Gov. Andy Beshear has announced he will pause his regular COVID-19 briefings for the first time since summer, as cases and hospitalizations continue to drop.
The state saw around 9,500 new cases last week, compared with around 12,000 the week before. The statewide positivity rate has dropped to 4.17% – down from just over 6% reported last week.
More than a third of Kentucky counties, including Jefferson, are now in the green – or the lowest level of COVID spread on the state map.
Some metrics are not dropping as quickly. Beshear reported that around 280 Kentucky residents died from COVID over the past week, which is close to the previous week’s number.
“While we still have some struggles, while this pandemic is still with us, things continue to move in the right direction and they are continuing to move at a regular pace,” Beshear said.
Guidelines from the Centers for Disease Control and Prevention for green counties include getting vaccinated and staying home if sick. The CDC says residents in green counties can decide whether to wear masks, although it recommends targeted use in schools or other indoor settings, if there has been a recent exposure in the institution.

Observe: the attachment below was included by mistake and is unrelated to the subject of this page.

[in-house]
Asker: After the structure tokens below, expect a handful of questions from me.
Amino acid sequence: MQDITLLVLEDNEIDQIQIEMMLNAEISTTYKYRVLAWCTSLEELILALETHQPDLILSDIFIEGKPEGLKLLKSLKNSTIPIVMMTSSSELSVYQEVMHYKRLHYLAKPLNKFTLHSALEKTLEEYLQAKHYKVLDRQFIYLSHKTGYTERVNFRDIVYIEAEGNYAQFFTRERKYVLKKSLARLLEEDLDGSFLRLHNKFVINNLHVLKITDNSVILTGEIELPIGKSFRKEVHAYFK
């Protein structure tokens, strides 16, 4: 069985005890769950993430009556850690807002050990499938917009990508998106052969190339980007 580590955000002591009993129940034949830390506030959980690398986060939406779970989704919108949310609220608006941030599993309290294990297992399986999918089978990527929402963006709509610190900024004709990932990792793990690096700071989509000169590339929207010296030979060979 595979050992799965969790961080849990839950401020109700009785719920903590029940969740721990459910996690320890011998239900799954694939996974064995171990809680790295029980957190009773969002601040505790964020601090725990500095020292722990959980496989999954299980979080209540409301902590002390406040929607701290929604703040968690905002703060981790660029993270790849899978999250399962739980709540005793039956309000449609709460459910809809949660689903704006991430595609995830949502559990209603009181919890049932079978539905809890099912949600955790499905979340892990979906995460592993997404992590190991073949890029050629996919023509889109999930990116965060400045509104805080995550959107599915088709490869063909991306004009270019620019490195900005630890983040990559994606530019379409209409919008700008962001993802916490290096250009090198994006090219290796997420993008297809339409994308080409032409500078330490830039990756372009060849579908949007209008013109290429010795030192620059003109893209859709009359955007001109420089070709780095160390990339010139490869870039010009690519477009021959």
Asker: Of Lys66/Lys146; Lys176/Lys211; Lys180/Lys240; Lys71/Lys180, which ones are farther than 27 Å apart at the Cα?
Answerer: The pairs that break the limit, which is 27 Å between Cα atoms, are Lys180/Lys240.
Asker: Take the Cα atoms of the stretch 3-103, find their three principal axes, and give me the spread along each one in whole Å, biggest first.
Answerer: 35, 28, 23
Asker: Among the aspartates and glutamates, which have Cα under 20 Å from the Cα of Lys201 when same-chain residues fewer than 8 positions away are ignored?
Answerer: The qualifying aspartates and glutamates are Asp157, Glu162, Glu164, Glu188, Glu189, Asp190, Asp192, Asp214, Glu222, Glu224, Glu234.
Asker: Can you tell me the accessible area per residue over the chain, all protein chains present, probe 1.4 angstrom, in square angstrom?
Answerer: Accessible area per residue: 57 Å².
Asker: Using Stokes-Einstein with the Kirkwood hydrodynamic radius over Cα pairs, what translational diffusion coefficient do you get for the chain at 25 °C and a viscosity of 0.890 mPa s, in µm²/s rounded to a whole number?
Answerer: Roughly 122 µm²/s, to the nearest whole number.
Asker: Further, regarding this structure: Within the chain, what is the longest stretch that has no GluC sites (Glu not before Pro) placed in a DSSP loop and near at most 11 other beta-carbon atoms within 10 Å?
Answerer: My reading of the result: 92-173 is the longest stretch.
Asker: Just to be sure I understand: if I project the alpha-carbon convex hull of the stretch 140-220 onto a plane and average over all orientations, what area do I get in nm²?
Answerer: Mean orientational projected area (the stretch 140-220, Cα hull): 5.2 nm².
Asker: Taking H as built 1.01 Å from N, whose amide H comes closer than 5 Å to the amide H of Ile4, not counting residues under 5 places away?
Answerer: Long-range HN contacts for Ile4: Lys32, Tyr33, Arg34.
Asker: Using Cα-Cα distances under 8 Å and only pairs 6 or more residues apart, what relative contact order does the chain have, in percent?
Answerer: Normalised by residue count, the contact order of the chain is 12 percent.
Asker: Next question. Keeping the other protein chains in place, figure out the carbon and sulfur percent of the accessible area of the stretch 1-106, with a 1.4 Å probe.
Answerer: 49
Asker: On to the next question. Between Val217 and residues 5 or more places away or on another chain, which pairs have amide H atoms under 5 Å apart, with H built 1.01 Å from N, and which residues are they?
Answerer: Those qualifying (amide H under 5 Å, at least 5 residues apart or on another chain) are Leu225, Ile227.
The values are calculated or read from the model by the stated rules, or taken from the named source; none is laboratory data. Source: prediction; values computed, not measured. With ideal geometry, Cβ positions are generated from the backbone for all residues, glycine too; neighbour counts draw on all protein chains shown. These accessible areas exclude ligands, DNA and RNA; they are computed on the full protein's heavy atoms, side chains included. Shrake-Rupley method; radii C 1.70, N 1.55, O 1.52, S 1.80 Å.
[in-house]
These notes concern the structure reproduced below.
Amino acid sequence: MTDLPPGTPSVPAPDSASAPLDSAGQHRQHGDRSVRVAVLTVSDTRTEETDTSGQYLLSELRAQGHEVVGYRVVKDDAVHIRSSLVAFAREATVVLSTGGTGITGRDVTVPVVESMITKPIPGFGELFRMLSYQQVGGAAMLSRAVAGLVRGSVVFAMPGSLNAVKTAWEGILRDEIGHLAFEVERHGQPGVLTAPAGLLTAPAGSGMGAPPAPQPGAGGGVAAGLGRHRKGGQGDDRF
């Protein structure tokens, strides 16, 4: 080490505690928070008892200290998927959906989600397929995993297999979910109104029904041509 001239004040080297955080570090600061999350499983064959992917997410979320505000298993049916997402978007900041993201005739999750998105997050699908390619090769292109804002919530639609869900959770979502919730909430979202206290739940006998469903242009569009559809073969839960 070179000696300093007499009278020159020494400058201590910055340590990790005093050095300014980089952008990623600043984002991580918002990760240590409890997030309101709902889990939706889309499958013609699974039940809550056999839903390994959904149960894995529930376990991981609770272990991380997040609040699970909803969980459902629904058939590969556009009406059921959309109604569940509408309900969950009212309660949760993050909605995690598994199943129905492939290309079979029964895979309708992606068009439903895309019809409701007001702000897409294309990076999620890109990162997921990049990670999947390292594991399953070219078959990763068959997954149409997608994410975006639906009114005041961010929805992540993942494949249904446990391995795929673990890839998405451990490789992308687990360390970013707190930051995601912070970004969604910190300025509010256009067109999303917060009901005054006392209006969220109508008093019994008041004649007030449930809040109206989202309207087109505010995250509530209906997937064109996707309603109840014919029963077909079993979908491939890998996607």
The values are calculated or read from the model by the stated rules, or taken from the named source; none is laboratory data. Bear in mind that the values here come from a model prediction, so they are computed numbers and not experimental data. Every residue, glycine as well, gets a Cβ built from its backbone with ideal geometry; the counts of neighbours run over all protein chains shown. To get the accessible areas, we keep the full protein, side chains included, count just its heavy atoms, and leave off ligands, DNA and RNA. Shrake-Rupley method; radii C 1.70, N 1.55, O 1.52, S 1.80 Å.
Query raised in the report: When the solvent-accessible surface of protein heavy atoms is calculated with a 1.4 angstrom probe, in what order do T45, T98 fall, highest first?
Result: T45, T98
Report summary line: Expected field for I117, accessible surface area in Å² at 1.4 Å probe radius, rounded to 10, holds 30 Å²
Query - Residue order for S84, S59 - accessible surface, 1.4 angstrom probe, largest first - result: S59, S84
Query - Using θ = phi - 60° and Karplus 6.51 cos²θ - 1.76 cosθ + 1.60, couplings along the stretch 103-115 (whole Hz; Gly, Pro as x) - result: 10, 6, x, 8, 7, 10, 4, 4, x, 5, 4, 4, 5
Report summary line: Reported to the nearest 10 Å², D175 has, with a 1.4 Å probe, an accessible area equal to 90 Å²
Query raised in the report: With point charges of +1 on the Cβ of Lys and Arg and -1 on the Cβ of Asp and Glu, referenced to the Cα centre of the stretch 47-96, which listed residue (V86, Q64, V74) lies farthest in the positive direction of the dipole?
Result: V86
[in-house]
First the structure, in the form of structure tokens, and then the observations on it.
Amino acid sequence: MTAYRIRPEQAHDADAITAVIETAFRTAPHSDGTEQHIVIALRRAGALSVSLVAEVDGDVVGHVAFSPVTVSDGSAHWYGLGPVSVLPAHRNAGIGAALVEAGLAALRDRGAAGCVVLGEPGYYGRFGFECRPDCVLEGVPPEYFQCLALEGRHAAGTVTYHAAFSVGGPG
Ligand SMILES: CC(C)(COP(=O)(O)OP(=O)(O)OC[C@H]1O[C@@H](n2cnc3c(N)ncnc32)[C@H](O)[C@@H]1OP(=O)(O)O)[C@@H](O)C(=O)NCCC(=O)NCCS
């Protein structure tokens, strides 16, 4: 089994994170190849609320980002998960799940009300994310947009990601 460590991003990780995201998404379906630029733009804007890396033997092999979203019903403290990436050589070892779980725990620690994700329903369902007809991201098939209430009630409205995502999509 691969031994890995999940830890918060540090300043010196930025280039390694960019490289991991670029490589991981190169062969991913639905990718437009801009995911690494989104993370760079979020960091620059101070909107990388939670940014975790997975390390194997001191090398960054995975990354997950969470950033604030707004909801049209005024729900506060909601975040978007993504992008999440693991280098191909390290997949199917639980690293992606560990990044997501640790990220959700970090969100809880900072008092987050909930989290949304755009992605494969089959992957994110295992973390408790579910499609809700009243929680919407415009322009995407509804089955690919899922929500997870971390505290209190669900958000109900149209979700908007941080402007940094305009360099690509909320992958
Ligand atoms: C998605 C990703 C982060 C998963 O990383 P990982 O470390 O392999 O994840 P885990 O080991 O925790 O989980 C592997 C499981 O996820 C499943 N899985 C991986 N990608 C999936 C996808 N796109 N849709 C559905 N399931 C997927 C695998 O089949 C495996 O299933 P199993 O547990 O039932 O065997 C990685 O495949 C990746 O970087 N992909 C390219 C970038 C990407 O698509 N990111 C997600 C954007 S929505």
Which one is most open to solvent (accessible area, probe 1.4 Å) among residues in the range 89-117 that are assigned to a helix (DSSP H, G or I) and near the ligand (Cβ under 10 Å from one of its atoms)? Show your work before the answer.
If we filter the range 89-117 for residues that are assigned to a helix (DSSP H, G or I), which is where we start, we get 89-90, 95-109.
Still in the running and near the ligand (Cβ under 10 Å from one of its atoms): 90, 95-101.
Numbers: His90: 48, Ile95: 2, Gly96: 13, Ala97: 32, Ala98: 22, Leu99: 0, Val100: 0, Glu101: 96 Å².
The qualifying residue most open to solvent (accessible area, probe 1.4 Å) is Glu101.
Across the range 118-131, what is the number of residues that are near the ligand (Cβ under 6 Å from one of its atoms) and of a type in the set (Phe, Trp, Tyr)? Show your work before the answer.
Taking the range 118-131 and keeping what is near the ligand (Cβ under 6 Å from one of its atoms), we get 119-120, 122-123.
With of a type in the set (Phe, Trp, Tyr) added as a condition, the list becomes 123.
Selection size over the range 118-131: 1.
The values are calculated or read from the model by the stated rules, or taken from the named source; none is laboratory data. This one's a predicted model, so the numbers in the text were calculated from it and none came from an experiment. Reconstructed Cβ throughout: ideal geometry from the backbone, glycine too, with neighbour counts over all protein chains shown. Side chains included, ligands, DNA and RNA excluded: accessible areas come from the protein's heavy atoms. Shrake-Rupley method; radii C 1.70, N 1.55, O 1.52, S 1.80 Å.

COVID hospitalizations are dwindling, too.
Baptist Health Louisville reported 14 COVID patients as of Monday, with one in the ICU. That’s compared with a peak of 139 COVID patients Jan. 18 – of the hospital’s roughly 500 beds.
Baptist Health Floyd in New Albany reported eight COVID patients Monday, with one in the ICU. That facility’s peak was 73 in January.
Baptist Health Louisville Vice President and Chief Medical Officer Dr. Chuck Anderson said that the surges over the past two years – including the omicron wave that caused some staff shortages – has been “difficult on everybody.”
But now that cases are falling quickly and the weather is improving, “enthusiasm is back up,” he said.
“It seems like there is light at the end of the tunnel, again.”
Other area hospitals reported lower COVID-19 inpatient stays Monday: 27 across Norton Healthcare, including pediatrics, compared with a high of 313 in January; 21 patients across the University of Louisville system and seven at Clark Memorial Health in Jeffersonville.
Beshear said the current downward trend is a good sign, but it doesn’t mean the pandemic is over.
“We were moving to a better place when delta was receding, and then omicron hit. So we’ve got to be humble in that we are not finally through the pandemic yet but we hope we are well on our way.”
As of last week, there were still close to 400 Kentucky National Guard members helping with the COVID response across the state. Beshear said those remaining will be called off by Tuesday.
COVID statistics will still be updated weekly at the Kentucky Department for Public Health website.